Upper-surface pressure distribution on a slender delta wing at various angles of attack and beyond stall. From Ref. 14.34. Reprinted with permission. Copyright AIAA.
vortex becomes unstable, its core bursts, and the induced suction on the wing disappears. The pressure distribution on the delta wing (from Ref. 14.34) for several angles of attack (shown in Fig. 14.47) shows this effect of vortex lift and vortex burst. So, as a result of the vortex burst the lift of the wing is reduced and a condition similar to stall is observed. Flow visualizations sometimes show the burst as a sudden spiral growth in the vortex core (see Fig. 14.46) and this is called “spiral burst”; in other instances it is seen as a bubble burst (hence it is called “bubble burst” or “bubble instability”). The onset of vortex burst was investigated by many investigators and the results for a delta wing can be summed up best by observing Fig. 14.48 from Polhamus.1435 (Incidently, Polhamus developed a method of estimating the vortex lift based on the leading-edge suction analogy and for more details the reader is referred to Ref. 14.35 or section 19.7 of Ref. 14.8.) The abscissa in Fig. 14.48 shows the wing aspect ratio, and the ordinate indicates the angle of attack range. The
curve on the right-hand side indicates the boundary at which vortex burst will reach the wing’s trailing edge. The method of reading this figure can be demonstrated by taking the delta wing of Fig. 14.43 (Ж = 1) and, for example, gradually increasing its angle of attack. This gradual increase will cause the vortex burst, which is far behind the trailing edge, to move gradually forward. According to this figure, at about a = 35-40° the vortex burst will pass forward of the trailing edge and spoil the lift and initiate the wing stall. Also, for larger wing aspect ratios (less L. E. sweep) the burst will occur at lower angles of attack. As the wing becomes very slender the leading edge vortices become very strong and the burst is delayed. But for these wings another flow phenomenon, called “vortex asymmetry,” is observed. This situation occurs when the physical spanwise space is reduced, and consequently one vortex rises above the other (Fig. 14.49). Usually any random disturbance can cause this instability to develop and changes in the asymmetry from side to side are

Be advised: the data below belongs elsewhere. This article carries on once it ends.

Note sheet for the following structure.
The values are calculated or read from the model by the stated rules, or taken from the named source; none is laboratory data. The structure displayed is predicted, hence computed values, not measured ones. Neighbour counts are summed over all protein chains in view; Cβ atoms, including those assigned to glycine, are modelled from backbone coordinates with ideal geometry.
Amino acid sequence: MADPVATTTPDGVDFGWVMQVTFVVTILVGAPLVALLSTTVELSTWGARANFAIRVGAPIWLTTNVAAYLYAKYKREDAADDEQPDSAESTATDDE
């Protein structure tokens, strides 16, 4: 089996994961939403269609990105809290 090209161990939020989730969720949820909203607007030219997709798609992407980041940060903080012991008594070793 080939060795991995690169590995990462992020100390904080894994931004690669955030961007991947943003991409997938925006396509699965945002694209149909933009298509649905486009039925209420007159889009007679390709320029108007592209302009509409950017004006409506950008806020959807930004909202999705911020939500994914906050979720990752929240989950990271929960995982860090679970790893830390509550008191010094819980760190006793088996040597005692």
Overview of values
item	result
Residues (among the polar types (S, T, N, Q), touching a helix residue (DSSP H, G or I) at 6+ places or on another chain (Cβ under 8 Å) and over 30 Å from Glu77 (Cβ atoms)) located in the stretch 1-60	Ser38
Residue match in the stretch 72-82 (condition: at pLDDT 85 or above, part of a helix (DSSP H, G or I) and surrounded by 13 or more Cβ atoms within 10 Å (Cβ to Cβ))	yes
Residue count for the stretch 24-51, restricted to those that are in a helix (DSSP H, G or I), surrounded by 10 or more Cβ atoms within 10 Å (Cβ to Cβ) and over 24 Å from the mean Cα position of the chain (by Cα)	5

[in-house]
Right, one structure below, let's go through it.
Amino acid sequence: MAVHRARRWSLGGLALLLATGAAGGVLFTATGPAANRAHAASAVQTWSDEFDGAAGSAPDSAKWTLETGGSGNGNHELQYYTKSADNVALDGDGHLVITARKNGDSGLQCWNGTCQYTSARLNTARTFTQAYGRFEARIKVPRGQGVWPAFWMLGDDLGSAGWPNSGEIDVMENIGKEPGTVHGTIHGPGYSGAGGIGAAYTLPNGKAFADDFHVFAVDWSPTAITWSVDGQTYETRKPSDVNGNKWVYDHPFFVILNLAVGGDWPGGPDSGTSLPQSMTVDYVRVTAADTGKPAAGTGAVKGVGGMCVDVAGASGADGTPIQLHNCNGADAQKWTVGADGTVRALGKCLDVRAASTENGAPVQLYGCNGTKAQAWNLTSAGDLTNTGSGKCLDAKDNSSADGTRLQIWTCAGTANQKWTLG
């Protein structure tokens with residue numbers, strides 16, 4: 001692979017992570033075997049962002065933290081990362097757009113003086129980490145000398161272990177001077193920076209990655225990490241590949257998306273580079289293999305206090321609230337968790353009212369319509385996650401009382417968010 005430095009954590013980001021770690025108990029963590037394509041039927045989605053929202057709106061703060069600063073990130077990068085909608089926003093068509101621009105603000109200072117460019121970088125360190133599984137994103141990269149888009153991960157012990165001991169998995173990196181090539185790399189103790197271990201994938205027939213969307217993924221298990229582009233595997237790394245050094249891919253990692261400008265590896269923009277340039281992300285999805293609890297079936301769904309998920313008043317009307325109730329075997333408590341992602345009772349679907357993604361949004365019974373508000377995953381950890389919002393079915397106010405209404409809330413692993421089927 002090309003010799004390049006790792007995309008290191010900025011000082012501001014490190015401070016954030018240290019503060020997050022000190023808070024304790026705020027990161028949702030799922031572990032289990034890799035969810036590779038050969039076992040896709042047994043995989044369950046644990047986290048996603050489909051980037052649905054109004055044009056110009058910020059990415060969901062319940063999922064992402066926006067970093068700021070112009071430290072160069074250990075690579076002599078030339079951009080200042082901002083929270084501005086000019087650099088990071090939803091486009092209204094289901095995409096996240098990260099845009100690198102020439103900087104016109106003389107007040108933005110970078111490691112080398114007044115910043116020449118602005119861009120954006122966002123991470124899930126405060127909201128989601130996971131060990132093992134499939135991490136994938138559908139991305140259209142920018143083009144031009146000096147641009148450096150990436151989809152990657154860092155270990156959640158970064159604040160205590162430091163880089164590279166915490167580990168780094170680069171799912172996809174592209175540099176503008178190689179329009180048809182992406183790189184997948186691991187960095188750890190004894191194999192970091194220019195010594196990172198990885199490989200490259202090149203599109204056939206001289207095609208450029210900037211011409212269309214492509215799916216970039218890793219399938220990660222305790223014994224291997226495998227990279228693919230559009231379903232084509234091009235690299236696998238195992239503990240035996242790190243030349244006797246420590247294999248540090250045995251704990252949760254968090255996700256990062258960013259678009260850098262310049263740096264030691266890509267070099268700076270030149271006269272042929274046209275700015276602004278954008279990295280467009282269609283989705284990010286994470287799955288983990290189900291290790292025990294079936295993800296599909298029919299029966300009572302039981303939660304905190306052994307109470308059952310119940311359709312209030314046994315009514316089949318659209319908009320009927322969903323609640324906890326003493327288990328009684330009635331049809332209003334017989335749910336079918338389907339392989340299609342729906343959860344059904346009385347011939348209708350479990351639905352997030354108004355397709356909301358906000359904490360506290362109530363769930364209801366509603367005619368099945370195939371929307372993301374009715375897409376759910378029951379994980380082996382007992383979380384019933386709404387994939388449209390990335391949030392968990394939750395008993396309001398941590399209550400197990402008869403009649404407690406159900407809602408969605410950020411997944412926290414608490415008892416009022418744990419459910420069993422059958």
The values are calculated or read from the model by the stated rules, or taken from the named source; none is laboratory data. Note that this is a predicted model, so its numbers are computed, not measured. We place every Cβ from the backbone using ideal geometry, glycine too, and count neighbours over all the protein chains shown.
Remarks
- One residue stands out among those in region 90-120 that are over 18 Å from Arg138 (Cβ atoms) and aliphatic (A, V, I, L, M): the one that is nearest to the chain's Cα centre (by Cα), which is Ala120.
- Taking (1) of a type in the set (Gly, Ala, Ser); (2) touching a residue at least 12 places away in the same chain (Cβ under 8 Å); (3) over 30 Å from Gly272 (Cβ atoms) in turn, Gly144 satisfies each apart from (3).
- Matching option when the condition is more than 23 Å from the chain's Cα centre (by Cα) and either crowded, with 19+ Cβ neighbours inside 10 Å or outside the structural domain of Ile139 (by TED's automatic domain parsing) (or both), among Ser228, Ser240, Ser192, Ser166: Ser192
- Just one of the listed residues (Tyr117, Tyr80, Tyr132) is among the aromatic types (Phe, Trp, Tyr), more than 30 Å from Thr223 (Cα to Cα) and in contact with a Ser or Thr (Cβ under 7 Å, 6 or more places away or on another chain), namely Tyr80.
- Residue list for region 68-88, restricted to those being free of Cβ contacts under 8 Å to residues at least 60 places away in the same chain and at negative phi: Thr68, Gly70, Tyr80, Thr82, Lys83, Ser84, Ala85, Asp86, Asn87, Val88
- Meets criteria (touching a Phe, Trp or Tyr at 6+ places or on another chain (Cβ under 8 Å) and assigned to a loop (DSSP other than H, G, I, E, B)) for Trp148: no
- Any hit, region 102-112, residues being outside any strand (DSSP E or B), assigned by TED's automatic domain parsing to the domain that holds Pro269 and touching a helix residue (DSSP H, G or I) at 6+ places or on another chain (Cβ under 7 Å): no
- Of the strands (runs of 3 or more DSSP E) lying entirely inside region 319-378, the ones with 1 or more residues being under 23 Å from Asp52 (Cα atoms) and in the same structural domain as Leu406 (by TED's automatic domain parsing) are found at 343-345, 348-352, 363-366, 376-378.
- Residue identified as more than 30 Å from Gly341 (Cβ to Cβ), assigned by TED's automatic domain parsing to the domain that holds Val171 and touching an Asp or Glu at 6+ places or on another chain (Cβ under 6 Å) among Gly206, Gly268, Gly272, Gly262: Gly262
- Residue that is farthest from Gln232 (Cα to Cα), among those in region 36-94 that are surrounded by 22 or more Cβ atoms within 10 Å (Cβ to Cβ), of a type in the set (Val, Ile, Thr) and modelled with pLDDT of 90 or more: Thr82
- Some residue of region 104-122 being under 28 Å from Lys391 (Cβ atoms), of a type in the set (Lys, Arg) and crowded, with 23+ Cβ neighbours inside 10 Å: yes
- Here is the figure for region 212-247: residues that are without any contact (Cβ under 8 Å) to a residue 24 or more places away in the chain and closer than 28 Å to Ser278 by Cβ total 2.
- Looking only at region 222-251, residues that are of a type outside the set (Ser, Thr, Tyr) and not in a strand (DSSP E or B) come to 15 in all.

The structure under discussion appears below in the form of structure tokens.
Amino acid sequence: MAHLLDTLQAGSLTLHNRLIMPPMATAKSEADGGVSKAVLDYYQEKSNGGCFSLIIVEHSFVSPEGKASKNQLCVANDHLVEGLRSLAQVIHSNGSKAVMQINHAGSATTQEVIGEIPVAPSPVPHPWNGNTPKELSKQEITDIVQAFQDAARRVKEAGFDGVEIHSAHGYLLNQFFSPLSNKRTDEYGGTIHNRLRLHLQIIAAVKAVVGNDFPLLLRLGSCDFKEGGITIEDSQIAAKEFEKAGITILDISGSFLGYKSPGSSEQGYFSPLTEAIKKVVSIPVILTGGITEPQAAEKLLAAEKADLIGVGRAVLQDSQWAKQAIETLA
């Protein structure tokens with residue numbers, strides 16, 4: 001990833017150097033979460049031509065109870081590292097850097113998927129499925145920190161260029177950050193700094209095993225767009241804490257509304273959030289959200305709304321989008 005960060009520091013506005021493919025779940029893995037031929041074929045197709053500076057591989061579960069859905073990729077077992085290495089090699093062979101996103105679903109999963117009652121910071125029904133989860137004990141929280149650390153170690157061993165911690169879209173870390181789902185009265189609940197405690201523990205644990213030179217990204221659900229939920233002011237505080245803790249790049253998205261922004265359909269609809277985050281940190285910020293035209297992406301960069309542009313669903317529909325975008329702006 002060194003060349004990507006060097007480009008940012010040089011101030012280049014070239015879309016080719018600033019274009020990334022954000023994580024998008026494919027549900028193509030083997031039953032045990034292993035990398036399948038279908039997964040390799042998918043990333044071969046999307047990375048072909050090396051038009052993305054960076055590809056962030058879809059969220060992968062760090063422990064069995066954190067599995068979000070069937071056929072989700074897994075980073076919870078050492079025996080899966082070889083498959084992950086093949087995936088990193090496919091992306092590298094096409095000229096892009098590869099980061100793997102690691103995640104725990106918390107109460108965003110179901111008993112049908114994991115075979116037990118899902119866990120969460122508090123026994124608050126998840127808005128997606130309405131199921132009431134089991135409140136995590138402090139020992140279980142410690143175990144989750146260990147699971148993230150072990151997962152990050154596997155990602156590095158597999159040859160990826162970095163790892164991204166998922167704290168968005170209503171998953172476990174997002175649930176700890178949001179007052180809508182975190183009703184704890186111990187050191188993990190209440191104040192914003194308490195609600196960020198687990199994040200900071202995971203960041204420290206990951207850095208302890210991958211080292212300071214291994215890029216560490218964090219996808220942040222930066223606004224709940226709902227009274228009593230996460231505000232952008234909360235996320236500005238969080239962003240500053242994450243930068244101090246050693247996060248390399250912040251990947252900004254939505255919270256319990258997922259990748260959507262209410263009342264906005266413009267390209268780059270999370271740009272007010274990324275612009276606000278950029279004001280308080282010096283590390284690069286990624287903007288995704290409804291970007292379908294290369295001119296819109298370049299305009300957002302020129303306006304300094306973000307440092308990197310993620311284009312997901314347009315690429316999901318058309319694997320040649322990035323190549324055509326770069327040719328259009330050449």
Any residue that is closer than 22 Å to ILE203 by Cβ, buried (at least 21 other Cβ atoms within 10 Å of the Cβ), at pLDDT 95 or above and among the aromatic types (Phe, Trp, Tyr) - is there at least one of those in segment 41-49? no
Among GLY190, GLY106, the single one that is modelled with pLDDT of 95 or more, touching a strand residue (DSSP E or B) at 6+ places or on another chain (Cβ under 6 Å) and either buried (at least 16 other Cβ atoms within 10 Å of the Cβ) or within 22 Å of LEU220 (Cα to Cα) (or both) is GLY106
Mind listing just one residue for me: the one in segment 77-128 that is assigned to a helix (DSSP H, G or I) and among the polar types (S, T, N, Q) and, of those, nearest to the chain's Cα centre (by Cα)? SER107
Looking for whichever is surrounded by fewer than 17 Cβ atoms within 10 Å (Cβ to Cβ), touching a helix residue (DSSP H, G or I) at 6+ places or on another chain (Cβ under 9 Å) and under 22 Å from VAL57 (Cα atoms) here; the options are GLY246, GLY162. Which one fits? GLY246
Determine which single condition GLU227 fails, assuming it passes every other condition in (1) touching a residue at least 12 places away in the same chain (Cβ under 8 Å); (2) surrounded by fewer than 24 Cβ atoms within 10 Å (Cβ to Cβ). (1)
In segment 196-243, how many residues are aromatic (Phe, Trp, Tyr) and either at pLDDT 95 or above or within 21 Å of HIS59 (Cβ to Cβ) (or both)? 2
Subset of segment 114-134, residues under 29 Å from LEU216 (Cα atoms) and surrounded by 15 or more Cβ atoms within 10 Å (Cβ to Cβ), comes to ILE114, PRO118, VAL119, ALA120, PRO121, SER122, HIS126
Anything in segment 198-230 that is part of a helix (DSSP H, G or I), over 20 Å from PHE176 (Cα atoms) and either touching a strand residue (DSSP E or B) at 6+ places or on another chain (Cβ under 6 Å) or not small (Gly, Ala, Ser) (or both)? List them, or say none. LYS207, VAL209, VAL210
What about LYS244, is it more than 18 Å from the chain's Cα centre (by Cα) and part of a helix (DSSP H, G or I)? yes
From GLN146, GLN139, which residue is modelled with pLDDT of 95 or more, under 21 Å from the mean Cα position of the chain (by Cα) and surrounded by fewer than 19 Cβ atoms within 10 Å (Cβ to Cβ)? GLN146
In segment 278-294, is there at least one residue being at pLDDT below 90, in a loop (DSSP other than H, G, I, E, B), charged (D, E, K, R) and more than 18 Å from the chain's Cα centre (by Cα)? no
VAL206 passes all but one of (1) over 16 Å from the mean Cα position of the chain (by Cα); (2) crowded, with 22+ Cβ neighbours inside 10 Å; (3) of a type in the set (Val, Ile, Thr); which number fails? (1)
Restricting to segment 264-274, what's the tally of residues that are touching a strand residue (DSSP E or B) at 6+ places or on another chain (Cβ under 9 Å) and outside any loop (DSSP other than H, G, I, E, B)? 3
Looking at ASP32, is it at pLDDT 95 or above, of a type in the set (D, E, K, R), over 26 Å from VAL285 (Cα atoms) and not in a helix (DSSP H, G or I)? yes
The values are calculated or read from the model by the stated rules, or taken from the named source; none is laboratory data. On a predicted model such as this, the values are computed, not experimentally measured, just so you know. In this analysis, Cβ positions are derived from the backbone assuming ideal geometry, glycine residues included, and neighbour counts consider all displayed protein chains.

Schematic description of the crossflow due to asymmetric leaaing edge vortices.
also possible. The onset of this condition is depicted by the left-hand curve in Fig. 14.48. For example, if the angle of attack on an Ж = 0.5 delta wing is gradually increased, then over a *20° the vortex asymmetry will develop. If the angle of attack is increased, say up to a = 40°, the lift will still grow and probably near a = 45° the vortex burst will advance beyond the trailing edge and wing stall will be initiated. In general the condition of an asymmetric vortex pattern is undesirable because of the large rolling moments caused by this asymmetry. Furthermore, the pattern of asymmetry is sensitive to disturbances and can arbitrarily flip from side to side. The presence of a vertical fin (e. g., a rudder) between the two vortices or a central body (as in missiles) can have a stabilizing effect and delay the appearance of this vortex asymmetry.
To conclude this discussion on experimental data of slender wings, a set of typical lift coefficient data is presented in Figs. 14.50 and 14.51. Note that in the data of Shanks14 36 leading-edge sweep angle rather than wing aspect ratio is presented (but for delta wings Ж = 4c tan Л where Л is the aft-sweep angle).
Shanks, Ref. 14.36 NASA TND – 1822
Lift and drag coefficient versus angle of attack for several slender delta wings. (Adapted from Ref. 14.36; Re= 3.2 x 105.)
Normal force coefficient versus angle of attack for several slender flat rectangular wings. From Winter, H., "Flow Phenomena on Plates and Airfoils of Short Span,” NACA TM 798, 1937.
The lift of slender rectangular wings (Fig. 14.51) is enhanced too by the side-edge vortex lift, and the effect of the vortex lift on the wing is similar to the case of slender delta wings (mainly when wing Ж < 1, and the leading and side edges are sharp). In this case, though, the flowfield is somewhat more complex because of the presence of a leading-edge separation bubble that is noticeable for sharp leading edge wings (Fig. 14.52). This bubble is created by the time-dependent leading-edge vortex shedding (as in Fig. 14.27) but its effect is small compared to the vortex lift of the side-edge vortices (when Ж<1).
Schematic description of the leading- and side-edge vortex rollup on a slender rectangular thin wing.